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Thursday, May 9, 2002

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Acts 18:1-8
Psalm 98
John 16:16-20

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praying no matter what

"I tell you truly: you will weep and mourn while the world rejoices; you will grieve for a time, but your grief will be turned into joy." —John 16:20

Tomorrow we begin the Pentecost novena, nine days of prayer in which we deepen our docility to the Holy Spirit and thereby receive a new Pentecost. However, the devil will try to rob us of Pentecost. He will bribe us to eat, drink, buy, or do something before we pray the novena to the Holy Spirit. We may think we're going to pray and may rationalize that we're only delaying our prayers. But one thing leads to another, and before we know it we've missed the first day or two of the novena.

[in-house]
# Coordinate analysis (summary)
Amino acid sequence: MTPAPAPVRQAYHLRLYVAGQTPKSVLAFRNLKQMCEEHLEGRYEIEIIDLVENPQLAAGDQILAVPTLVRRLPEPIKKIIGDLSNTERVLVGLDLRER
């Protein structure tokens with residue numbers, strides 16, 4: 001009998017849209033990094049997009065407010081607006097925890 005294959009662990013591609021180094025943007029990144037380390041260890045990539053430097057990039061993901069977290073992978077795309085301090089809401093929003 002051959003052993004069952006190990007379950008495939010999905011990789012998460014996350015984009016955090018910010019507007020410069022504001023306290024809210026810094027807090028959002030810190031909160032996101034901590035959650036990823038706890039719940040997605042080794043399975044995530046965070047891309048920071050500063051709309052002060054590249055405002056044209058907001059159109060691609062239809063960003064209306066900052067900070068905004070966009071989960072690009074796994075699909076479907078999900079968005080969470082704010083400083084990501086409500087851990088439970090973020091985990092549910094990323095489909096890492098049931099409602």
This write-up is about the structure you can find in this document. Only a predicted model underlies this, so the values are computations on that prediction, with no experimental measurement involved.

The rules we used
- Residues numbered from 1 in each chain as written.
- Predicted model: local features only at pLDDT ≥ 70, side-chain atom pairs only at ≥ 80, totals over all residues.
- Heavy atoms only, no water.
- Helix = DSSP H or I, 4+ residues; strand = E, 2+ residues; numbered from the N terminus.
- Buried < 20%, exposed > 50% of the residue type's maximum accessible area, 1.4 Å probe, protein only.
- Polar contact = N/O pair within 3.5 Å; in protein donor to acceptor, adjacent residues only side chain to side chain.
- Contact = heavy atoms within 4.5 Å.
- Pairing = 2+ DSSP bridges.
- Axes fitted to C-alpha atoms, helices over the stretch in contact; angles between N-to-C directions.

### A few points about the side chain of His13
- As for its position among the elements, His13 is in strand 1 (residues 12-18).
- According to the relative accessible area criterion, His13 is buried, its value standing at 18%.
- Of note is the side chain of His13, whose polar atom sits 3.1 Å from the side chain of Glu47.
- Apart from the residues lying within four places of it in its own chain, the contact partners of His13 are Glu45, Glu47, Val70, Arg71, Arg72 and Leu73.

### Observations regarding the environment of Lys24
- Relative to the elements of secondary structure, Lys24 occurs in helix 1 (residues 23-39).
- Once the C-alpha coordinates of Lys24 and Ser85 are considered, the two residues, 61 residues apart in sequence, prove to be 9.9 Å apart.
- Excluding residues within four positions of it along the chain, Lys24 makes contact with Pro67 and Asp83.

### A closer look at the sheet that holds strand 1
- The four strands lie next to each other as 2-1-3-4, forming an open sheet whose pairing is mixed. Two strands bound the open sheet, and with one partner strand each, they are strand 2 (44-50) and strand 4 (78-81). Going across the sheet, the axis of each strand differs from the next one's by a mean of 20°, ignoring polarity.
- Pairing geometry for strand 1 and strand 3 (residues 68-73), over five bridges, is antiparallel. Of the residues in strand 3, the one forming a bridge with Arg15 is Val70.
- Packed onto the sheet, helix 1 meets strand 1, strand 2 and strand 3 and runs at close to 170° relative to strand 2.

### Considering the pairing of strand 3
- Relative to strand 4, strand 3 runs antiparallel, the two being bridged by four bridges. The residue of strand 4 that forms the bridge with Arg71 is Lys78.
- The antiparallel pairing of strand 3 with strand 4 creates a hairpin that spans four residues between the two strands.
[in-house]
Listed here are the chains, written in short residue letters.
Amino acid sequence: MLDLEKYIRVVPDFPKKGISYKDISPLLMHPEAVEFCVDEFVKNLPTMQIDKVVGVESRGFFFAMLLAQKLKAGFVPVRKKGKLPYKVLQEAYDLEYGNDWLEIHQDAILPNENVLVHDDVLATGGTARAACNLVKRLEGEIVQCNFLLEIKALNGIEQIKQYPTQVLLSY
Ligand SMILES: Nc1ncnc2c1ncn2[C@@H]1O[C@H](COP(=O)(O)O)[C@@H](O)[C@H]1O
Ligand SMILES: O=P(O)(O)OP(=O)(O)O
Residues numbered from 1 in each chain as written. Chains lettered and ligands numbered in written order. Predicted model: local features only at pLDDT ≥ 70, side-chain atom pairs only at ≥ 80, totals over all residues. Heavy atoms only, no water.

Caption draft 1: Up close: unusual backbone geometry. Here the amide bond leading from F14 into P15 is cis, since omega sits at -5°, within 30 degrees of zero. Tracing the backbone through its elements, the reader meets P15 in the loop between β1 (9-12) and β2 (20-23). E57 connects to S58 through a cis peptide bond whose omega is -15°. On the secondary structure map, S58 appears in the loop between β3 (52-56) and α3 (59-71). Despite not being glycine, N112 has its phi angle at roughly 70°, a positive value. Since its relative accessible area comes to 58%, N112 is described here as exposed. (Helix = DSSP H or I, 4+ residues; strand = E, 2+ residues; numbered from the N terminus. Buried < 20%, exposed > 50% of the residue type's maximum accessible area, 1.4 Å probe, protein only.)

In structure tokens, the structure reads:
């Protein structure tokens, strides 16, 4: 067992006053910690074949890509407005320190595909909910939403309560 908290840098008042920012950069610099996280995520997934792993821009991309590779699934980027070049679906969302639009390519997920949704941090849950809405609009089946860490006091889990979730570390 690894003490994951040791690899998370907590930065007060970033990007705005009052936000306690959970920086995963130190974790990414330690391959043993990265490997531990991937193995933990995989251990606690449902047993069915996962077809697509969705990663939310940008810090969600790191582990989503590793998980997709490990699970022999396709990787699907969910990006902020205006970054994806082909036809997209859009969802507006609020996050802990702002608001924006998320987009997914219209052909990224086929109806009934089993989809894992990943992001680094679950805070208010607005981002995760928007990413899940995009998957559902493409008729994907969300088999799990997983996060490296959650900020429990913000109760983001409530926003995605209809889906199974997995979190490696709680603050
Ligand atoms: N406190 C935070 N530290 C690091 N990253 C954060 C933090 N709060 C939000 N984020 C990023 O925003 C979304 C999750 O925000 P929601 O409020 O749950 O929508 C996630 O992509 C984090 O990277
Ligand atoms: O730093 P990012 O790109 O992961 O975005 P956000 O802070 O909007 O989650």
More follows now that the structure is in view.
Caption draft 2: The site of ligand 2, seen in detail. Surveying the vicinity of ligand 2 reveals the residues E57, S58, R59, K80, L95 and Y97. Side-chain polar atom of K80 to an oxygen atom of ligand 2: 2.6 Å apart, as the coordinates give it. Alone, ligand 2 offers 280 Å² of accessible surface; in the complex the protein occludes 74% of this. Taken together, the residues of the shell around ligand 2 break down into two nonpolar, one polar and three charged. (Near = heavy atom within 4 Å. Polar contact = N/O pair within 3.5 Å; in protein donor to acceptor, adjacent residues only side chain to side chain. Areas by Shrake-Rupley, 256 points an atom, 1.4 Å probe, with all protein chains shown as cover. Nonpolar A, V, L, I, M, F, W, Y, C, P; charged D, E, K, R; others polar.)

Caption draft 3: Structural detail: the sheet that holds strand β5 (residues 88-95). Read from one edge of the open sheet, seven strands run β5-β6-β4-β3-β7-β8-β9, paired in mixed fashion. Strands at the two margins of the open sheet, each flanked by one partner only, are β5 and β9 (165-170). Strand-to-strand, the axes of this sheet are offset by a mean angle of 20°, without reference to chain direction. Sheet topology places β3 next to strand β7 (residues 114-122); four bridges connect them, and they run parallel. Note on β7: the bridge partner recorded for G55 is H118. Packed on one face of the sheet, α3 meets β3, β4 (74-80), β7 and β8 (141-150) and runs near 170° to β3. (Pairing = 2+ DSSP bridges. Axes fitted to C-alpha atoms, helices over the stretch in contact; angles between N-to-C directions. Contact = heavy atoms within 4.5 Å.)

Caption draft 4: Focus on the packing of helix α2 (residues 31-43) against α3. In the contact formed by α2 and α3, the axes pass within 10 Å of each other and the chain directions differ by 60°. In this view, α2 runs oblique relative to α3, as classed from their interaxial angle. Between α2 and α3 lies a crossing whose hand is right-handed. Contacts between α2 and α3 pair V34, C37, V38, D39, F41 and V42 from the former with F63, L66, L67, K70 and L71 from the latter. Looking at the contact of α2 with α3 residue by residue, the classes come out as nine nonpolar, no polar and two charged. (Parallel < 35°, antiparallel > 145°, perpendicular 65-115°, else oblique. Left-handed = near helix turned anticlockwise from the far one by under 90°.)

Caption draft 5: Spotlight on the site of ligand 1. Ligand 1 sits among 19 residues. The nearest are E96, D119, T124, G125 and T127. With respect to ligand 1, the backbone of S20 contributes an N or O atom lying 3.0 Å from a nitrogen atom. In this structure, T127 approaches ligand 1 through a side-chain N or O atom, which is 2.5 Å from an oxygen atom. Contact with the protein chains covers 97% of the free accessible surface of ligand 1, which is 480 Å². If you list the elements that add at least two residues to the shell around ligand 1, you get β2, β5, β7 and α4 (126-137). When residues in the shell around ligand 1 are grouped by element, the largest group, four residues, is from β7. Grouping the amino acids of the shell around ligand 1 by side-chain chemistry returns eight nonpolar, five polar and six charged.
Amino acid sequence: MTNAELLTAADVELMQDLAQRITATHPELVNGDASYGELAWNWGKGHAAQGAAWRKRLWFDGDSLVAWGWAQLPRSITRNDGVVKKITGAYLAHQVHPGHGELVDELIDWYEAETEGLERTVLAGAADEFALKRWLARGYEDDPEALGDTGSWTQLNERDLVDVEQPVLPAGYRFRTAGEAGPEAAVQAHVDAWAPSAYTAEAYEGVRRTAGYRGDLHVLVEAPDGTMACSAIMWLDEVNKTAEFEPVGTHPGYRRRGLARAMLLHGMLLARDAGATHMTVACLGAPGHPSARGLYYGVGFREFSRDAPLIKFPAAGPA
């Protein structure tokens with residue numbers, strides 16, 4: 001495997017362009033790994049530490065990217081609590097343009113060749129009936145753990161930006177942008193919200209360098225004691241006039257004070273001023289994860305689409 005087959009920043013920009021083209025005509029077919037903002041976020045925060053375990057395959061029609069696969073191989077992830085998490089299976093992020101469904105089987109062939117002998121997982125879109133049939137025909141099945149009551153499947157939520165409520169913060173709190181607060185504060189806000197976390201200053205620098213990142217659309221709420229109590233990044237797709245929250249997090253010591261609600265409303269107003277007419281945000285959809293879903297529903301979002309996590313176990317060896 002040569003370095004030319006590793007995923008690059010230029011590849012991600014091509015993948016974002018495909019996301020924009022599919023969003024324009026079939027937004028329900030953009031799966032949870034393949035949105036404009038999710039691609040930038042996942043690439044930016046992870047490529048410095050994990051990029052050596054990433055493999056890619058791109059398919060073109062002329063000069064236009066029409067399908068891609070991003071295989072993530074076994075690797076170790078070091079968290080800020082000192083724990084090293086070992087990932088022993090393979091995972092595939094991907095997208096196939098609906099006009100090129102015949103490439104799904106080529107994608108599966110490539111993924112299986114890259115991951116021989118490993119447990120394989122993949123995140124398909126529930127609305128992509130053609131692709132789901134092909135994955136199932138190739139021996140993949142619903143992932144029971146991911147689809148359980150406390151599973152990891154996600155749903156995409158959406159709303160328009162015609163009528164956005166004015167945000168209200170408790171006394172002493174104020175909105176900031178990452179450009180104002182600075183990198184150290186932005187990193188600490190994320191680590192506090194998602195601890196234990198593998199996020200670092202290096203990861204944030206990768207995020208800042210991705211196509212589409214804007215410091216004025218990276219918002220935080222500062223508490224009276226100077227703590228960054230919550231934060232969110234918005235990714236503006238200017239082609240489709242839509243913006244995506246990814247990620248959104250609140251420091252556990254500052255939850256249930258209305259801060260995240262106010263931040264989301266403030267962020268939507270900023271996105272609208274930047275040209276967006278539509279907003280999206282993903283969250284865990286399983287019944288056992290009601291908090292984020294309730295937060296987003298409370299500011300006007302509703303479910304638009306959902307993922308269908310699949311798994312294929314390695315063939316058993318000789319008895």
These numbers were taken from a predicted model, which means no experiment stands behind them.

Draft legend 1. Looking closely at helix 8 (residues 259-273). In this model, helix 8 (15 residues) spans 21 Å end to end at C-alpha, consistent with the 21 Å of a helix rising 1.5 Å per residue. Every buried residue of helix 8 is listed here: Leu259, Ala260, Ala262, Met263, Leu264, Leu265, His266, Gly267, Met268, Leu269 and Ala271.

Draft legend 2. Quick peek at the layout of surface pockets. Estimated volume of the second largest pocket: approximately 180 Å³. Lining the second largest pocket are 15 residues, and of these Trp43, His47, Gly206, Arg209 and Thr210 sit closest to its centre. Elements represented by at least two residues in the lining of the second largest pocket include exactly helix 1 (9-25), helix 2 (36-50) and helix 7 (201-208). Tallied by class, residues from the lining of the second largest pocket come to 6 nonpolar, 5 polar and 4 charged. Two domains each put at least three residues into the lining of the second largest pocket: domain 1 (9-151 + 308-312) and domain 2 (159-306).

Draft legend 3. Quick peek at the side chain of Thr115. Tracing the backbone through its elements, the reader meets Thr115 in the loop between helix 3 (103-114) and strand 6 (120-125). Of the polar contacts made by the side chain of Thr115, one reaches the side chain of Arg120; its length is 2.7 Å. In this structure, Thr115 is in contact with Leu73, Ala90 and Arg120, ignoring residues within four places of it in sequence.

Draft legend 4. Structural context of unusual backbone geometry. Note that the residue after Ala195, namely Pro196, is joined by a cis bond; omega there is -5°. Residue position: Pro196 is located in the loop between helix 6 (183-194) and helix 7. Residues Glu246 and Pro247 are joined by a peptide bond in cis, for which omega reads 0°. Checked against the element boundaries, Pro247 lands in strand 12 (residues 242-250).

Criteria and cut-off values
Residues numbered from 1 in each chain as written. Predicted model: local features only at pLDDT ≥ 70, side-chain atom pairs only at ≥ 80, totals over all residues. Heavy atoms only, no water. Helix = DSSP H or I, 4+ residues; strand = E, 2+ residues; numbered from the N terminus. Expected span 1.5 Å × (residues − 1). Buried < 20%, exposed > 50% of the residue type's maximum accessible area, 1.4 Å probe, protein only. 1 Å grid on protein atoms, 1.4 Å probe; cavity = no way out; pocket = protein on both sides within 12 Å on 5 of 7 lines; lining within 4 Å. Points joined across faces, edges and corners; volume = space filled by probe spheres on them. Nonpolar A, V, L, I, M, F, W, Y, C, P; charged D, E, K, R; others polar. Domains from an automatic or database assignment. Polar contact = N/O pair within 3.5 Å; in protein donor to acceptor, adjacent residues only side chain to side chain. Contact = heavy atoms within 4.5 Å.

Possibly we do get started. Then we run into some problem. We may be "opposed and insulted," and we may find it difficult to shake it off (see Acts 18:6). When praying, we find ourselves thinking about those who have offended us.

If we pray our way through this difficulty, we may find our prayer "dry," confusing, or even sorrowful (see Jn 16:20). As we agonize in prayer, the devil accuses us (Rv 12:10) and throws fiery darts at us (Eph 6:16). He repeatedly tells us that God doesn't answer prayer, that He doesn't care, and that prayer is at best a waste of time.

If "all hell breaks loose" in this Pentecost novena, consider it a good sign. The Lord is true to His word. A new Pentecost is for you "within a few days" (see Acts 1:5).

Prayer:  Father, help me to continue steadfastly in constant prayer (Acts 1:14).

Promise:  "A leading man of the synagogue, Crispus, along with his whole household, put his faith in the Lord. Many of the Corinthians, too, who heard Paul believed and were baptized." —Acts 18:8

Praise:  Ignoring the devil's threats of intense spiritual warfare, Mary trusts in God to lead her through another Pentecost novena.

Reference:  (NOTE: In many dioceses, Ascension Thursday has been moved to Sunday.)

Nihil Obstat:  Reverend Giles H. Pater, November 15, 2001

Imprimatur:  †Most Reverend Carl K. Moeddel, Vicar General and Auxiliary Bishop of the Archdiocese of Cincinnati, November 16, 2001